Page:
“I’m sorry, you’ll have to use Gus’s pillow,” Farley opened his dresser.

Gus lifted his head at the sound of his name.

Marcie sat down on the bed.  “It’s okay, isn’t it Gus?”  She scratched the dog’s ears and he inched closer to her and rolled on his side.  “He’s a Jack Russel, right?”

“Right.”  Farley took his clothes to the bathroom and shut the door.  He worried he’d be too nervous to sleep.  He couldn’t remember the last time he fell asleep in the same room as another person.  Was he supposed to start a conversation first?  Did he just say, “sleep well,” and roll on his side?  Where would Gus fit, and would he be comfortable?  He was really beginning to think Marcie shouldn’t have come.  But he had stared at her pink hair, so now he had to keep her company.  That’s how people made friends, he knew that.  They noticed someone and kept noticing them, making sure that person knew they were noticed.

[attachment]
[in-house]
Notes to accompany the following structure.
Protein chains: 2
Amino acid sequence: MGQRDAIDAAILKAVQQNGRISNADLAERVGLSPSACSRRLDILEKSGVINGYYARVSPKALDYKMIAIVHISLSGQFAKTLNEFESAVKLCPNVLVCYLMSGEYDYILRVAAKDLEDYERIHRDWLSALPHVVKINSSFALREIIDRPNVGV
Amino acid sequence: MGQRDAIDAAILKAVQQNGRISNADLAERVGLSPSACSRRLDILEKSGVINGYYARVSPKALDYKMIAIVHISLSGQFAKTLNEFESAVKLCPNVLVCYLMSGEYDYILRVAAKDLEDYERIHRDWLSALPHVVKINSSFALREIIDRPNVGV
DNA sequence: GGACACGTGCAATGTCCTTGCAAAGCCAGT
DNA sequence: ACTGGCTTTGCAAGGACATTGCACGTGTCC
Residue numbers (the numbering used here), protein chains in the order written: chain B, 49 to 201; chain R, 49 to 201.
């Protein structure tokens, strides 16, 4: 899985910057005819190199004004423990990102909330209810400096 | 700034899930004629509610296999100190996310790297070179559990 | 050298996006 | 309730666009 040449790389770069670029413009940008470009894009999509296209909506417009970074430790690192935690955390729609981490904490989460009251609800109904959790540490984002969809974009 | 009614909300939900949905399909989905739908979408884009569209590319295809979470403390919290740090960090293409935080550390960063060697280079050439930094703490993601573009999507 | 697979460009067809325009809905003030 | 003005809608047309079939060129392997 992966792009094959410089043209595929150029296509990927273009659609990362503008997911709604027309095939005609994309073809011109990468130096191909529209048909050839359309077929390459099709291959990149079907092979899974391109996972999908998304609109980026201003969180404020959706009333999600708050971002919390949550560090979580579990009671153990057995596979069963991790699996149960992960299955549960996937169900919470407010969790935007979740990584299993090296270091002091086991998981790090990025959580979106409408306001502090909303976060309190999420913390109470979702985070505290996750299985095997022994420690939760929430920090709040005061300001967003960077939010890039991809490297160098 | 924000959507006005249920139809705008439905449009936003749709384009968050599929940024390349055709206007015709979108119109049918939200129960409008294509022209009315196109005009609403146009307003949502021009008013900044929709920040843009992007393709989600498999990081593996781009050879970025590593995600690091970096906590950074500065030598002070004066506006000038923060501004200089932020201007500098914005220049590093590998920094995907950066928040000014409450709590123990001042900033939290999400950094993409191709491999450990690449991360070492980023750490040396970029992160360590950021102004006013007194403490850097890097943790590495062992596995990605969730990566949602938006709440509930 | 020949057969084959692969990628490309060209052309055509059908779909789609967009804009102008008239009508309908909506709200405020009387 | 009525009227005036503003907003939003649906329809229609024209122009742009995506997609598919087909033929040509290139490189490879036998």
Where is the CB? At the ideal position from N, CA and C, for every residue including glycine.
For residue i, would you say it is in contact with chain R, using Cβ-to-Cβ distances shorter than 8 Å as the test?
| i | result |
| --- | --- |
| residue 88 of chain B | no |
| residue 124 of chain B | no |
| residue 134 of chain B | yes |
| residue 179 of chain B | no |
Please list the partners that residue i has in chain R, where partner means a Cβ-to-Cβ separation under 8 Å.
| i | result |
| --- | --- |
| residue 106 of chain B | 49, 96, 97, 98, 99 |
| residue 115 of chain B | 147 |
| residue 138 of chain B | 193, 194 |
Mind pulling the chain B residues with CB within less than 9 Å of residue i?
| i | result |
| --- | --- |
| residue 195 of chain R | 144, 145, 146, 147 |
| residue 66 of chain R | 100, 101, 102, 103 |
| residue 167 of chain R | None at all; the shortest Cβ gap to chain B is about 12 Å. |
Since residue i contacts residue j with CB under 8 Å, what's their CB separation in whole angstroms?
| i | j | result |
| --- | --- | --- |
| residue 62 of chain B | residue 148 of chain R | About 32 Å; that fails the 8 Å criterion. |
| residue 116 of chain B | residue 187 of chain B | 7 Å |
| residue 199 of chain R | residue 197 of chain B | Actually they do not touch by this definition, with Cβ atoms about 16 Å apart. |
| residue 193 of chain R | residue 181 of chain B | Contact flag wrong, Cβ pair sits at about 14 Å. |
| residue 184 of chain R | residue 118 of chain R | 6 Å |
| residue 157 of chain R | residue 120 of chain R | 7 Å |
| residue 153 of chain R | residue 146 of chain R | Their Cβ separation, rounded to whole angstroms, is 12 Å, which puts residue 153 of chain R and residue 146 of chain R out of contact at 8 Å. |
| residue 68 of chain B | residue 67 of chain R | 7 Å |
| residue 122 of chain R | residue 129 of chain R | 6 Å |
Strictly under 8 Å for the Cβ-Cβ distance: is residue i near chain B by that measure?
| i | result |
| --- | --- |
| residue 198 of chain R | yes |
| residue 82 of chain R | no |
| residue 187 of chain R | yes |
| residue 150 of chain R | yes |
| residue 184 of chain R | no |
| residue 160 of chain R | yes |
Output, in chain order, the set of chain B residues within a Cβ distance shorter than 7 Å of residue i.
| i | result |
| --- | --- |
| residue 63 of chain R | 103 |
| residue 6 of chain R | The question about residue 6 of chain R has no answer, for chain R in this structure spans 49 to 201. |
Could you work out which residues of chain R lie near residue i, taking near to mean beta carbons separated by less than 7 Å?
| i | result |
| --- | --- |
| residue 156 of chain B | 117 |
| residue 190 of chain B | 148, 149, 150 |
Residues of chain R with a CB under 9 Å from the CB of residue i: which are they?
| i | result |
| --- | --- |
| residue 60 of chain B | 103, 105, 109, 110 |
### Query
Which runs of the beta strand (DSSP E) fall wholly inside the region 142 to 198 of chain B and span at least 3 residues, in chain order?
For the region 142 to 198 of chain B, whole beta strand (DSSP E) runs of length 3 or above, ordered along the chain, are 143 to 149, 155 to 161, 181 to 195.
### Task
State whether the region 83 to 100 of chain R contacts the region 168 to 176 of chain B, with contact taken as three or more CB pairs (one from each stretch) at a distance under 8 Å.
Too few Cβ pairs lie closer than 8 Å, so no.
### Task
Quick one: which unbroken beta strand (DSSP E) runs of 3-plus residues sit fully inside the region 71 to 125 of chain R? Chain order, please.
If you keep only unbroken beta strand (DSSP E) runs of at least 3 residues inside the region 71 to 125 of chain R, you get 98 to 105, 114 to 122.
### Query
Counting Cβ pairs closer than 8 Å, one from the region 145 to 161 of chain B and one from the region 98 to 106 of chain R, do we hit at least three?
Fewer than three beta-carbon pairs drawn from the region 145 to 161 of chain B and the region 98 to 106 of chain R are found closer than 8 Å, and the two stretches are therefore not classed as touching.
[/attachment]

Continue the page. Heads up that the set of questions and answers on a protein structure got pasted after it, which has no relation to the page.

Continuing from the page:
His questions were answered when he returned to his room.  Marcie was curved like a quarter moon, facing the wall.  Her side rose slowly with each breath and was suspended, like a pause, like she was frozen in space and time.  Then, when Farley started to worry, she exhaled and collapsed, smaller and smaller into herself, like she was trying to sink through the sheets.  Like she was dreaming of being invisible until her side rose again.

Gus curled in the crook of her knees and yawned.